THE USE OF steroids to treat spinal-cord injuries offers a sobering example. In late March 1990, the NIH announced, with great fanfare, the results of the Second National Acute Spinal Cord Injury Study (NASCIS 2), a 487-person trial that appeared to show that high-dose steroids reduced paralysis caused by acute spinal cord injury. Underscoring the urgency of its results, the NIH issued an unprecedented prepublication press release. This was followed by a “Dear Doctor” letter, which was faxed to emergency departments across the nation, instructing physicians in the correct dosing of steroids for patients with such injuries. Given what was at stake, the NIH’s actions appeared to be warranted. Each year, approximately 10,000 people, most of them young and healthy, suffer spinal-cord injuries in car accidents, falls, or shootings. If, as nascis 2 suggested, steroids helped prevent paralysis in these cases, it heralded a significant advance in treating people who might otherwise spend their lives on breathing machines and in wheelchairs. The “Dear Doctor” letter ensured that emergency-room physicians would make high-dose steroids the standard of care for victims of spinal-cord injuries.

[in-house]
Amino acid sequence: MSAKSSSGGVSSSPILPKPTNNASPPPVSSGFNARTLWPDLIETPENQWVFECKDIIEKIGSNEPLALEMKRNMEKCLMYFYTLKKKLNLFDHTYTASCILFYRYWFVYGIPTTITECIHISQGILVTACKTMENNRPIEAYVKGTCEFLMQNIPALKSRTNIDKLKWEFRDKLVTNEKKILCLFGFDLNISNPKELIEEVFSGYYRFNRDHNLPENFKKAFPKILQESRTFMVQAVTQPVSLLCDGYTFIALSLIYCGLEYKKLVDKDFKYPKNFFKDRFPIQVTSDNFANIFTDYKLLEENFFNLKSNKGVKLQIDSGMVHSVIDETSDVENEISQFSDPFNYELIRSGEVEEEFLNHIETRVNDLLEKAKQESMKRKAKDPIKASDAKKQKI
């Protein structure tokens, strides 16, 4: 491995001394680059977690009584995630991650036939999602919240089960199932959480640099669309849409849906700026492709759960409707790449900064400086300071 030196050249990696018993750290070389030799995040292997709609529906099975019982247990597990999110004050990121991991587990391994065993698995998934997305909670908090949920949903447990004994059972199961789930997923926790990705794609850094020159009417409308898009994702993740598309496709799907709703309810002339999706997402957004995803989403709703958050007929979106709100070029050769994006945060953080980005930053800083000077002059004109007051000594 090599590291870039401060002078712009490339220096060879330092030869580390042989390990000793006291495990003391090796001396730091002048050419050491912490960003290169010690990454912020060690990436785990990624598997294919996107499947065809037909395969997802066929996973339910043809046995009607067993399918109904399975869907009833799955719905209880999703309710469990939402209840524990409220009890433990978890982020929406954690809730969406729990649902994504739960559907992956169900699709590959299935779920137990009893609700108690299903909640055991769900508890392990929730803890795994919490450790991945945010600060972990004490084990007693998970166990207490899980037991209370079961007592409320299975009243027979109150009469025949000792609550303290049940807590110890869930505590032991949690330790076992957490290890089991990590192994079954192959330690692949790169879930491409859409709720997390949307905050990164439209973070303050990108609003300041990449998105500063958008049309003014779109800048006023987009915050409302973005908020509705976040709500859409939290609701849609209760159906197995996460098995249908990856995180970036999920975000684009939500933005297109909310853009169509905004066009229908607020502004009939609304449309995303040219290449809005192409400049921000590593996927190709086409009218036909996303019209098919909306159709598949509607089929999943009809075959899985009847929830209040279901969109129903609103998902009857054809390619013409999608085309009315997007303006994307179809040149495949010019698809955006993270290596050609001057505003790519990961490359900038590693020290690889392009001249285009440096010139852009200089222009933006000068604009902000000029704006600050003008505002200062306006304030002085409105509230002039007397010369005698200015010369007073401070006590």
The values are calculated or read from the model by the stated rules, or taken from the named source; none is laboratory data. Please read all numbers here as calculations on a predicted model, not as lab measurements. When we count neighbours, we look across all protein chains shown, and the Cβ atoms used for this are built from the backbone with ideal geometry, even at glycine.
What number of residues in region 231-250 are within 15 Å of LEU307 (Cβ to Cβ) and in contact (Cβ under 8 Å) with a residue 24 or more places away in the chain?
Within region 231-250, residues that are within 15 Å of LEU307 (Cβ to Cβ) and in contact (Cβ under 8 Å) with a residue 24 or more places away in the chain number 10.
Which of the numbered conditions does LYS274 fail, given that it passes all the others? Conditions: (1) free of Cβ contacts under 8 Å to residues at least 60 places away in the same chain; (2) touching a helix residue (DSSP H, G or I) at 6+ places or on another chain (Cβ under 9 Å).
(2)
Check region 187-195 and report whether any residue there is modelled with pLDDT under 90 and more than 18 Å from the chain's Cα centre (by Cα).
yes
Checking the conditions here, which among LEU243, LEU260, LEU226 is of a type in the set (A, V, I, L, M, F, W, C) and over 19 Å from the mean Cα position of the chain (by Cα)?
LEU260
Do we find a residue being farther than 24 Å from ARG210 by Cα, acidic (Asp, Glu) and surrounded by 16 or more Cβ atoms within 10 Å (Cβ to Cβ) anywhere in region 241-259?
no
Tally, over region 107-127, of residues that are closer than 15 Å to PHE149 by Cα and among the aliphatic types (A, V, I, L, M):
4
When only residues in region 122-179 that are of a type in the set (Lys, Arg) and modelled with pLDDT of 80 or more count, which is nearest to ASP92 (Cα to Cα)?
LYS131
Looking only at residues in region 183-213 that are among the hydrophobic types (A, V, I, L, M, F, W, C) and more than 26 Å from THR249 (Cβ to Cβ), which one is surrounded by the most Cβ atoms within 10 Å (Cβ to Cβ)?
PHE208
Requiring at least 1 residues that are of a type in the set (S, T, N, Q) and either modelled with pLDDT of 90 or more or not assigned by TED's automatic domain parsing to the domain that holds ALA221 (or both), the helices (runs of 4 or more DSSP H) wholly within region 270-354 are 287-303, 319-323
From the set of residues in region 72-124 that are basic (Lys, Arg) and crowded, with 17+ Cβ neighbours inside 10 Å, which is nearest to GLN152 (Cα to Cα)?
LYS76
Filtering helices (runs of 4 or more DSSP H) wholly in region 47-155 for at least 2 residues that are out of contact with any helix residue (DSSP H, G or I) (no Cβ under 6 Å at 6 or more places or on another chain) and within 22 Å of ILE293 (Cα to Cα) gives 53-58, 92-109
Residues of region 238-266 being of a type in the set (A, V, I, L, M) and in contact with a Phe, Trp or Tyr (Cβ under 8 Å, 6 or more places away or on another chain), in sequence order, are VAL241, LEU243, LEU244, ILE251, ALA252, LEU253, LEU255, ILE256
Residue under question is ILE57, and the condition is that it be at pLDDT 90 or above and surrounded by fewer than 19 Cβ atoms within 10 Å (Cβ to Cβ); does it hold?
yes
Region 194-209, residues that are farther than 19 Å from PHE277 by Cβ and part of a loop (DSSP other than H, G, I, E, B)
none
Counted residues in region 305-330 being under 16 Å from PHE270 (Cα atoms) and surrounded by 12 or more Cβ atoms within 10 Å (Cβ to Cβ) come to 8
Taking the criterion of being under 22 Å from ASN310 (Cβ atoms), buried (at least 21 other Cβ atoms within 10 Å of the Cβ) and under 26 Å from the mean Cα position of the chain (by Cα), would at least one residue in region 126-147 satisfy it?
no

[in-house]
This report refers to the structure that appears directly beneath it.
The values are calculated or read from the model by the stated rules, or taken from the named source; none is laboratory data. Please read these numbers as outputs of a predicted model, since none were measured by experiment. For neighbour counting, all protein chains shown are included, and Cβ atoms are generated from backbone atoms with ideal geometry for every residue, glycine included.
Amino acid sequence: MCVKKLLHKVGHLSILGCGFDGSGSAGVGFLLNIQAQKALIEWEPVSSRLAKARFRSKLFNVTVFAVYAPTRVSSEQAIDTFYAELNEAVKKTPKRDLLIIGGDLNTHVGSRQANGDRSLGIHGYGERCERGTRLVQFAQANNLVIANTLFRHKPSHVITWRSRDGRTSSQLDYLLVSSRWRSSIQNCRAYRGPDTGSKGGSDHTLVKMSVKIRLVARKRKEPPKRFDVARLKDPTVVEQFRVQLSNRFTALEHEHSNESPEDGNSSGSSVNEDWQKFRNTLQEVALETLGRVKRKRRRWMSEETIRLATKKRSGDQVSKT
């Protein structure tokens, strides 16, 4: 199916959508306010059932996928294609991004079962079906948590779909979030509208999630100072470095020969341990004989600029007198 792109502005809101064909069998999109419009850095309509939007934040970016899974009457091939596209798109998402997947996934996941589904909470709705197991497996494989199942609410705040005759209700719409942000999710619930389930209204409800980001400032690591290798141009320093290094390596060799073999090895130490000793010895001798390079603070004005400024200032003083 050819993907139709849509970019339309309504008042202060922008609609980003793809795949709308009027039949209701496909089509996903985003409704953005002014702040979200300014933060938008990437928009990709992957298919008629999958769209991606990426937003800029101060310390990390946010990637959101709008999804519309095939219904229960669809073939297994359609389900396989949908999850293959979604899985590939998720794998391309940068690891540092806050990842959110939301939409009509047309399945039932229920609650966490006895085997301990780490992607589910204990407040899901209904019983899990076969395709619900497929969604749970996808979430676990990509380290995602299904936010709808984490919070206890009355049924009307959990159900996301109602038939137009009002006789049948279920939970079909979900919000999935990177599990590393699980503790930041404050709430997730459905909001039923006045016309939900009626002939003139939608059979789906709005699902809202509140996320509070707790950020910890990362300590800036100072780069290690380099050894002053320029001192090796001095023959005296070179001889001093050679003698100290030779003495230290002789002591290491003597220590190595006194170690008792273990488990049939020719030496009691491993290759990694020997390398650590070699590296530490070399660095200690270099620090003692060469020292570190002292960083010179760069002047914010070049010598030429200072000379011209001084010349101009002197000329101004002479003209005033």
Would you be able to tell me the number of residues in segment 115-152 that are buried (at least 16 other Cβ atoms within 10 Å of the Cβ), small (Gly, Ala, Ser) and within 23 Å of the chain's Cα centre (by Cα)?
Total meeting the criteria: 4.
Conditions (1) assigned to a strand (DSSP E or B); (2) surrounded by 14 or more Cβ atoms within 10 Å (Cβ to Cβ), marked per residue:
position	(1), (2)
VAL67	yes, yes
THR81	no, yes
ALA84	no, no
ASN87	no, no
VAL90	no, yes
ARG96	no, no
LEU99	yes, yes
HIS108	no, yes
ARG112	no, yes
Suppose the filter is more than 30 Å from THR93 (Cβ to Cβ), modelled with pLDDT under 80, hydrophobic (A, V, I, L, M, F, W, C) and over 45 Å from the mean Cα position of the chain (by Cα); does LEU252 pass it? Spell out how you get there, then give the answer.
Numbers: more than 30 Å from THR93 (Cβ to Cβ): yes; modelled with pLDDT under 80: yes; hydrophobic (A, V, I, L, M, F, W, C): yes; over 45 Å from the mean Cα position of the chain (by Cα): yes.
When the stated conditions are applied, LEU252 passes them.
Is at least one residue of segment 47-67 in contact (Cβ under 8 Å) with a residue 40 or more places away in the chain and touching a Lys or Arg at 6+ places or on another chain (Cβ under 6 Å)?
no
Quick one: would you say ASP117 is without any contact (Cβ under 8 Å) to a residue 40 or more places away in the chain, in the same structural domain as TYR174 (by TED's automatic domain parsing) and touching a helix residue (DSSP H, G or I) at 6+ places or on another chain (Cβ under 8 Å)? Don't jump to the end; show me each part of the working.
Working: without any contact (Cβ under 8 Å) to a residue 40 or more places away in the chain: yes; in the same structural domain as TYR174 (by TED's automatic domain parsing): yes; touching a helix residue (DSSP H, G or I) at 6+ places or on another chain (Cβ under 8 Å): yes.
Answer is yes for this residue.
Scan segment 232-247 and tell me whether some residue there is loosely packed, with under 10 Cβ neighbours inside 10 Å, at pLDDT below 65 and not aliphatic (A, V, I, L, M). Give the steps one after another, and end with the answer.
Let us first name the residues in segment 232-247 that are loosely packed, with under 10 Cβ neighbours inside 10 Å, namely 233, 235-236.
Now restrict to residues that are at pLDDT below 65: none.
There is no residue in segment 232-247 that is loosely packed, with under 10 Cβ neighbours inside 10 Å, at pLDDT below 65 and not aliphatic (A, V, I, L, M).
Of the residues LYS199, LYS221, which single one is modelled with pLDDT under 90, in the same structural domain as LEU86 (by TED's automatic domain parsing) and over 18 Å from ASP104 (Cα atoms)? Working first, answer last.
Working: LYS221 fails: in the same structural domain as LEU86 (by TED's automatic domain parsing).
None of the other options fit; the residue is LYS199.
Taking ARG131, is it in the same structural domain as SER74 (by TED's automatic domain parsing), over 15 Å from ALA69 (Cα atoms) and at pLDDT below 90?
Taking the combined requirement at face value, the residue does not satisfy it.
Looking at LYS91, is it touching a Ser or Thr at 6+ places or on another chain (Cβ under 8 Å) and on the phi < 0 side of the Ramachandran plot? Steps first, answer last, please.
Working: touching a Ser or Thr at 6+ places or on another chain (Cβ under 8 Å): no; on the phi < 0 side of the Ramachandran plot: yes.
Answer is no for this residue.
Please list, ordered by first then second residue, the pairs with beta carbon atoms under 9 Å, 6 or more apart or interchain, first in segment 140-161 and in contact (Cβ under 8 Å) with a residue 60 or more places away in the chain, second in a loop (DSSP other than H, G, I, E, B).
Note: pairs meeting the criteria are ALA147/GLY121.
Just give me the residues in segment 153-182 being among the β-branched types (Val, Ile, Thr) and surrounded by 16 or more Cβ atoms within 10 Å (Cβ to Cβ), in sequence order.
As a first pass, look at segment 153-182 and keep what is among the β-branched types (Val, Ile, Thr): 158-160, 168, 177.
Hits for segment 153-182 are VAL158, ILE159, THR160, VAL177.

But not all doctors were as enthusiastic about high-dose steroids as the NIH. Fred H. Geisler, a neurosurgeon with the Illinois Neuro-Spine Institute, had seen not only patients treated with steroids who failed to improve, but also patients who got worse and died—not from their injuries, but from the side effects of the steroids, such as overwhelming infections and gastrointestinal bleeding. Geisler was surprised by the NIH claims, but he knew enough to wait for the published paper so that he could go over the data himself. When the report was published in The New England Journal of Medicine, six weeks after the NIH announcement, it did nothing to allay his doubts. Instead of reporting on all the subjects included in the study, as is customary, the authors wrote up the outcomes on only a subset of patients.